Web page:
click photo to enlargeHere is the Listing text of the Grade II* Hopton's Almshouses on Southwark Street, Bermondsey, London.
Almshouses and committee room. 1746-9. Built by Thomas Ellis and William Cooley to designs of Mr Batterson, trustee of Charles Hopton's will and a builder; house on right rebuilt after war damage; all buildings modernised and re-opened 1988.
MATERIALS: brick with rusticated stone quoins; hipped tiled roof (renewed) with overhanging eaves.
PLAN: forms the central block of a group of (originally) 28 almshouses, ranged around 3 sides of a garden (this block on the eastern side).
EXTERIOR: 2 storeys, each almshouse 2 bays, the central committee room of 3 bays pedimented and slightly projecting. Central entrance has 6-panelled door with timber surround, consoled cornice and foundation tablet above: "Chas. Hopton Esq sole founder of this charity Anno 1752". Entrance flanked by tall sash windows with glazing bars, round-arched with keystoned architraves and bracketed sills. Almshouses have gauged red brick segmental arches to ground-floor openings, sash windows with glazing bars in plain reveals to both floors.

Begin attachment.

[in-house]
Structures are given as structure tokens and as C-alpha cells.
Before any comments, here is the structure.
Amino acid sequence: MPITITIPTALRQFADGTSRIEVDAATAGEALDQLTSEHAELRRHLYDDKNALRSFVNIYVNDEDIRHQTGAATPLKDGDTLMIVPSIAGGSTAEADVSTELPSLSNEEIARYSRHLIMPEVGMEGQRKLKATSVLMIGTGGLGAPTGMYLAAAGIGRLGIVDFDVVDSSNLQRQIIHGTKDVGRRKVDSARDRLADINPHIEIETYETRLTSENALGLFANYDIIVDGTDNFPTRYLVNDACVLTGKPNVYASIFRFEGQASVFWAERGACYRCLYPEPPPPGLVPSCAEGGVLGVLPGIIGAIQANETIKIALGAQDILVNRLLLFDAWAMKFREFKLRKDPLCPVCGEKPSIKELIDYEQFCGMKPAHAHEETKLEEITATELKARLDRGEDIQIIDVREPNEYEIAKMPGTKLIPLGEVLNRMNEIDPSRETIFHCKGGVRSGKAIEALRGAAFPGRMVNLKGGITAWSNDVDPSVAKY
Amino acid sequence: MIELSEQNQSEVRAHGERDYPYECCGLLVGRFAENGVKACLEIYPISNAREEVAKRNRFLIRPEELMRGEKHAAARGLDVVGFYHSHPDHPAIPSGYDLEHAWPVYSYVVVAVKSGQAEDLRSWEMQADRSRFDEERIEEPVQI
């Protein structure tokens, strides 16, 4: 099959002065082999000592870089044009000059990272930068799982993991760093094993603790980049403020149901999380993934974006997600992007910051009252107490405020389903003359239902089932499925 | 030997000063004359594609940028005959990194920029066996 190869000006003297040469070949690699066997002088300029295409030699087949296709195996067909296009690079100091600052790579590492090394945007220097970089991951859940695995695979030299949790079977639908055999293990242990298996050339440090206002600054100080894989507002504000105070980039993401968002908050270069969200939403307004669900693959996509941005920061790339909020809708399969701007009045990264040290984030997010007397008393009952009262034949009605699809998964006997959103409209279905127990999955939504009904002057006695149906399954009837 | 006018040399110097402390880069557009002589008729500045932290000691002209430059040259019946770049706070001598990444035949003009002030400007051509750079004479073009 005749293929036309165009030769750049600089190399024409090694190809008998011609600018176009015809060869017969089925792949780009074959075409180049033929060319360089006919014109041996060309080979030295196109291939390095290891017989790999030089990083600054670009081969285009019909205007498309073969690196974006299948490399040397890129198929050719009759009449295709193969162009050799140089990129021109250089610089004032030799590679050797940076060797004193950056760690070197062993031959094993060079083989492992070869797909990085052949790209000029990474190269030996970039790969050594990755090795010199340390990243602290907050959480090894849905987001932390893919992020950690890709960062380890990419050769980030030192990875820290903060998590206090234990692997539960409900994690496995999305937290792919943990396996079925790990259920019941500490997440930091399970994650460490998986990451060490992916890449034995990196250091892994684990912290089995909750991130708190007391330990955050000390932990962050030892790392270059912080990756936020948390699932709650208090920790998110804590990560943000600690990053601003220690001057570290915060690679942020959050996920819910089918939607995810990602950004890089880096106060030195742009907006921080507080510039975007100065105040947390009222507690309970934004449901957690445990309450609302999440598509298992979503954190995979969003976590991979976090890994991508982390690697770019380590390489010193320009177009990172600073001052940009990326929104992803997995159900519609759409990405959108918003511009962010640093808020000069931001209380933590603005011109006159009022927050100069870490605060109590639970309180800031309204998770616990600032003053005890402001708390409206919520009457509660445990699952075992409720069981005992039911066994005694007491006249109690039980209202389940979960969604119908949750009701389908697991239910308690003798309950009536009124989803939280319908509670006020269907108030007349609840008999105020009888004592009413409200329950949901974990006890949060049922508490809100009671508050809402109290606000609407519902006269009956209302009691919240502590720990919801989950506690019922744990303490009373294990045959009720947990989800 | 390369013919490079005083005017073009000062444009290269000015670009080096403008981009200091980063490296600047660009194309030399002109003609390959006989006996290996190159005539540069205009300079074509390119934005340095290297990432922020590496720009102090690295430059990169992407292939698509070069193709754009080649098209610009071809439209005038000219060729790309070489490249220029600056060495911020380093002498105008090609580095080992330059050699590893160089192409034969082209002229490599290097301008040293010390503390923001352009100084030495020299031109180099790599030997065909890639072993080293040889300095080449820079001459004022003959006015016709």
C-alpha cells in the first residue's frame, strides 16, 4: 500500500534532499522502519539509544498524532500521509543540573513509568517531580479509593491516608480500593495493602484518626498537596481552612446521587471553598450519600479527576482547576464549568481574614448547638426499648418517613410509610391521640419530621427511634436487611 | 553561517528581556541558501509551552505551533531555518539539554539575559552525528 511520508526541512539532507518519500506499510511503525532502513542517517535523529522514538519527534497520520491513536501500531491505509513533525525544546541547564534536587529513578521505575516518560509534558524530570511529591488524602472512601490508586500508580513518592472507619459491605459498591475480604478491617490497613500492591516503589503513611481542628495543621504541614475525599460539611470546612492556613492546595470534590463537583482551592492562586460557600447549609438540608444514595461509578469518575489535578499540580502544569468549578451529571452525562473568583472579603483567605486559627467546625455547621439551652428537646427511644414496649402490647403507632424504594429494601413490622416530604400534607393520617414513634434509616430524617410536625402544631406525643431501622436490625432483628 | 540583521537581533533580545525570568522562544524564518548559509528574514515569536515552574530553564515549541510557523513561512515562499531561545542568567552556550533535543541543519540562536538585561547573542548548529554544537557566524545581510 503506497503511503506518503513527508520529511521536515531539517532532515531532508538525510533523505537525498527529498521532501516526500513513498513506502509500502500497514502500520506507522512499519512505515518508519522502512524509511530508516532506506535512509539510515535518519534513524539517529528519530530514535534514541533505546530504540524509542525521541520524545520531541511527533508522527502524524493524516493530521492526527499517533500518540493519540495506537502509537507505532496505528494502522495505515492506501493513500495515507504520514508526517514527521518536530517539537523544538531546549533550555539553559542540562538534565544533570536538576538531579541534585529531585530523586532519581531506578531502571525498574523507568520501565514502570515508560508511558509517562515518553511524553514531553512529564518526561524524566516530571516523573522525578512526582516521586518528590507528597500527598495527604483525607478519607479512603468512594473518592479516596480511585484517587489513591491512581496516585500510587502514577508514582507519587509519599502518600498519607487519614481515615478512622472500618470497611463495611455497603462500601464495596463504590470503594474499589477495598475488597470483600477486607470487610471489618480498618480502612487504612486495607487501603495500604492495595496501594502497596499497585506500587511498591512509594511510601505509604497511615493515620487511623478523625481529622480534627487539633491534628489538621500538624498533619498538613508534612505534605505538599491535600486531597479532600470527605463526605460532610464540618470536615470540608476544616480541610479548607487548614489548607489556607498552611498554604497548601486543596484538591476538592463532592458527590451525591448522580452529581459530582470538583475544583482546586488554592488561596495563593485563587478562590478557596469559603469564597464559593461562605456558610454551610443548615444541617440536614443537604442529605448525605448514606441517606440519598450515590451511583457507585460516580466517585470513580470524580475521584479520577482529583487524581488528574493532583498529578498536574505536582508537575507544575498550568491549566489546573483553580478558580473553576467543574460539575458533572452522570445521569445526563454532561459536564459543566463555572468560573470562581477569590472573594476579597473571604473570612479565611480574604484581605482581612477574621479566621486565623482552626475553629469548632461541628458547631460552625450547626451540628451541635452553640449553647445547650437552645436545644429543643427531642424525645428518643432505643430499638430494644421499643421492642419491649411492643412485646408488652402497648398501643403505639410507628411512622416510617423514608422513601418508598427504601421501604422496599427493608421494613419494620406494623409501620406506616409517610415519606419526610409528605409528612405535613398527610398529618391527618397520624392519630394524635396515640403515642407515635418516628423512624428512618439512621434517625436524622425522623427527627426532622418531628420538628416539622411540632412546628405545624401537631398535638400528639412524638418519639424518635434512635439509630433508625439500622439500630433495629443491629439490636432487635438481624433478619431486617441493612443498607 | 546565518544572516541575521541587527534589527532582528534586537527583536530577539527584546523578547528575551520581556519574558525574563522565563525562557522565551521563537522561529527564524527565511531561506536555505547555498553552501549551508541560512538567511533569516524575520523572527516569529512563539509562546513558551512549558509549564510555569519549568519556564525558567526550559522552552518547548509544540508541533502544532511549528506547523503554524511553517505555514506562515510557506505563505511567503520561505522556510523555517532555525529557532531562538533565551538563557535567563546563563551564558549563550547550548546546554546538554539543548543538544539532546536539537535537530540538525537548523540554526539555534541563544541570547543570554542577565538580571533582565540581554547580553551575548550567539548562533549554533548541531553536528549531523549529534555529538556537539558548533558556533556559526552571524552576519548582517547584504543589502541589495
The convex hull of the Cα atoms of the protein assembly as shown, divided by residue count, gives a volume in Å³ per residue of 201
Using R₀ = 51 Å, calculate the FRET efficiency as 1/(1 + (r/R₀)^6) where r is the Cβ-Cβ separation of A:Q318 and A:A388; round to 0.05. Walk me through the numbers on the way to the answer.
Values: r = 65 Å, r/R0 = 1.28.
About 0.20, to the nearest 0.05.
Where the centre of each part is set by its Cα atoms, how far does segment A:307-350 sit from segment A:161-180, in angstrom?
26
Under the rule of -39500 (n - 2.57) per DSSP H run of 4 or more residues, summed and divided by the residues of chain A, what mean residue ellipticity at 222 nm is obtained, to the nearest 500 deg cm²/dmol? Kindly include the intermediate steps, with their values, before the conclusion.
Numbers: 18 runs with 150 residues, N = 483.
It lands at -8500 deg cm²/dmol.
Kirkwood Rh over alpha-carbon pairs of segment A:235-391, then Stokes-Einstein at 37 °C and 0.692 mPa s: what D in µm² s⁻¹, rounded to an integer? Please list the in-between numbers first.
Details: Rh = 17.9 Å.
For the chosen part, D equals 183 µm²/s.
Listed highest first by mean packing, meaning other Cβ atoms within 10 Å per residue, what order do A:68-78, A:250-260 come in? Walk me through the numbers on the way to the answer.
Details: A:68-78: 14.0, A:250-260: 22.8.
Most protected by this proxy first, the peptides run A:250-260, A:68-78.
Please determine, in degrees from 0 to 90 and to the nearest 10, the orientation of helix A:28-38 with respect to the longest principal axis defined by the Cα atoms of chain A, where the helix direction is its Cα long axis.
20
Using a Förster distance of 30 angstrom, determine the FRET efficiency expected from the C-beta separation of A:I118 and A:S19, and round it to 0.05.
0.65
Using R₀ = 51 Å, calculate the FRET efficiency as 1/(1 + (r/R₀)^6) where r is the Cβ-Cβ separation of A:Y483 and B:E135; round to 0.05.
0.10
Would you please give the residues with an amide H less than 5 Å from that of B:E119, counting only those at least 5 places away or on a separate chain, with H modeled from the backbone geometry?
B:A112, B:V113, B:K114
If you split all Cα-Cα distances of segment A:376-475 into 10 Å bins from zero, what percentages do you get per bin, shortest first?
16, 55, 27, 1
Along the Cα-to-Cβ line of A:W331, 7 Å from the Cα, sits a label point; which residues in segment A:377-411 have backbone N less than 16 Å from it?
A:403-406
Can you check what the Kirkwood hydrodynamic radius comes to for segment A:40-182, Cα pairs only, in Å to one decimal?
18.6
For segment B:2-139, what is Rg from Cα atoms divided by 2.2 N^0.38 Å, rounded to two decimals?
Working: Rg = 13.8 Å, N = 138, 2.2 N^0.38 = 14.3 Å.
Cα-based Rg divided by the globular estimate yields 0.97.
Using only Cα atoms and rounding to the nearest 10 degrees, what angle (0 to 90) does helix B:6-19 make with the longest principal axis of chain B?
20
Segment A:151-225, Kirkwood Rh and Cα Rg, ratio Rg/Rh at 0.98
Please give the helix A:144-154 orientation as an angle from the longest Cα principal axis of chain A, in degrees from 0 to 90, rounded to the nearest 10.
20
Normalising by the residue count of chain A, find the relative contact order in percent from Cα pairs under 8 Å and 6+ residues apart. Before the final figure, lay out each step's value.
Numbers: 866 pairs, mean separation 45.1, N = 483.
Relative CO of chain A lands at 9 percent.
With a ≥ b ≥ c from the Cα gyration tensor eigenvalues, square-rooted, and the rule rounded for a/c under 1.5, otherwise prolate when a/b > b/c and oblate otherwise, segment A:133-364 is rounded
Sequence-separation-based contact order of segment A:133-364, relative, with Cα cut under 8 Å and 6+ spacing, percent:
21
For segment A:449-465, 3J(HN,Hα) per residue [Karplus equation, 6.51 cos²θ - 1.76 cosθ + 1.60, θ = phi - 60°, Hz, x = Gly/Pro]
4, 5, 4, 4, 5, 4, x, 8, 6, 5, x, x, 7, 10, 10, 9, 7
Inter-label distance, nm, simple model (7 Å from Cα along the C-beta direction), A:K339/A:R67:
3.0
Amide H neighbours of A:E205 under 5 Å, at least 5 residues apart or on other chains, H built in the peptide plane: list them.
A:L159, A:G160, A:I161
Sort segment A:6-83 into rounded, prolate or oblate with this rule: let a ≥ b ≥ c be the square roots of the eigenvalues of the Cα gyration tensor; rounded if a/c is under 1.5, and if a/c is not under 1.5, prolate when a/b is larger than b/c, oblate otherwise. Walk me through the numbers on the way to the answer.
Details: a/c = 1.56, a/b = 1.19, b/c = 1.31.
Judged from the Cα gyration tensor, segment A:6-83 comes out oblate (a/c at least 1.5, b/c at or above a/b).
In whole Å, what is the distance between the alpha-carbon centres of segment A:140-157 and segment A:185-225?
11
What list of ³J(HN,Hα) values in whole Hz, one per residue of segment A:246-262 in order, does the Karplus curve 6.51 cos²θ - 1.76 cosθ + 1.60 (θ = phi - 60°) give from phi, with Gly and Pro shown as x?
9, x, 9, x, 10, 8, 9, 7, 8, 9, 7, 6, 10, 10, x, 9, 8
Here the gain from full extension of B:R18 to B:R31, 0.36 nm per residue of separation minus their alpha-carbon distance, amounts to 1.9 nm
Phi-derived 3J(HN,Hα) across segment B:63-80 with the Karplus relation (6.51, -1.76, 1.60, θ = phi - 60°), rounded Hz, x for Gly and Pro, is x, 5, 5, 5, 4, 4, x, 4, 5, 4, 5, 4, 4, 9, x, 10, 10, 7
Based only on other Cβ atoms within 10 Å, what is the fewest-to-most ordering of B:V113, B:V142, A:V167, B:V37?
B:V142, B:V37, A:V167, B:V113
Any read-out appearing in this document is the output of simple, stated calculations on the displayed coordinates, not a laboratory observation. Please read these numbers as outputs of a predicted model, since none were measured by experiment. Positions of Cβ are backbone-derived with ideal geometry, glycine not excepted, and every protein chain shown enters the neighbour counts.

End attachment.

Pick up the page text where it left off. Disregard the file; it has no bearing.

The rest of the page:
INTERIOR: committee room panelled with shouldered fireplace and heavy overmantel and recessed panels.
Almshouses are charitable buildings, usually for the elderly beyond working age. They are sometimes restricted to a single sex, married couples, by place of birth, previous employment or by religious denomination, depending on the wishes of the original benefactor. Almshouses, some dating back several centuries, can be seen in many towns and cities of Britain. These Georgian examples are set in a garden in Bermondsey and are being slowly surrounded by high-rise buildings.
photograph and text (c) T. Boughen
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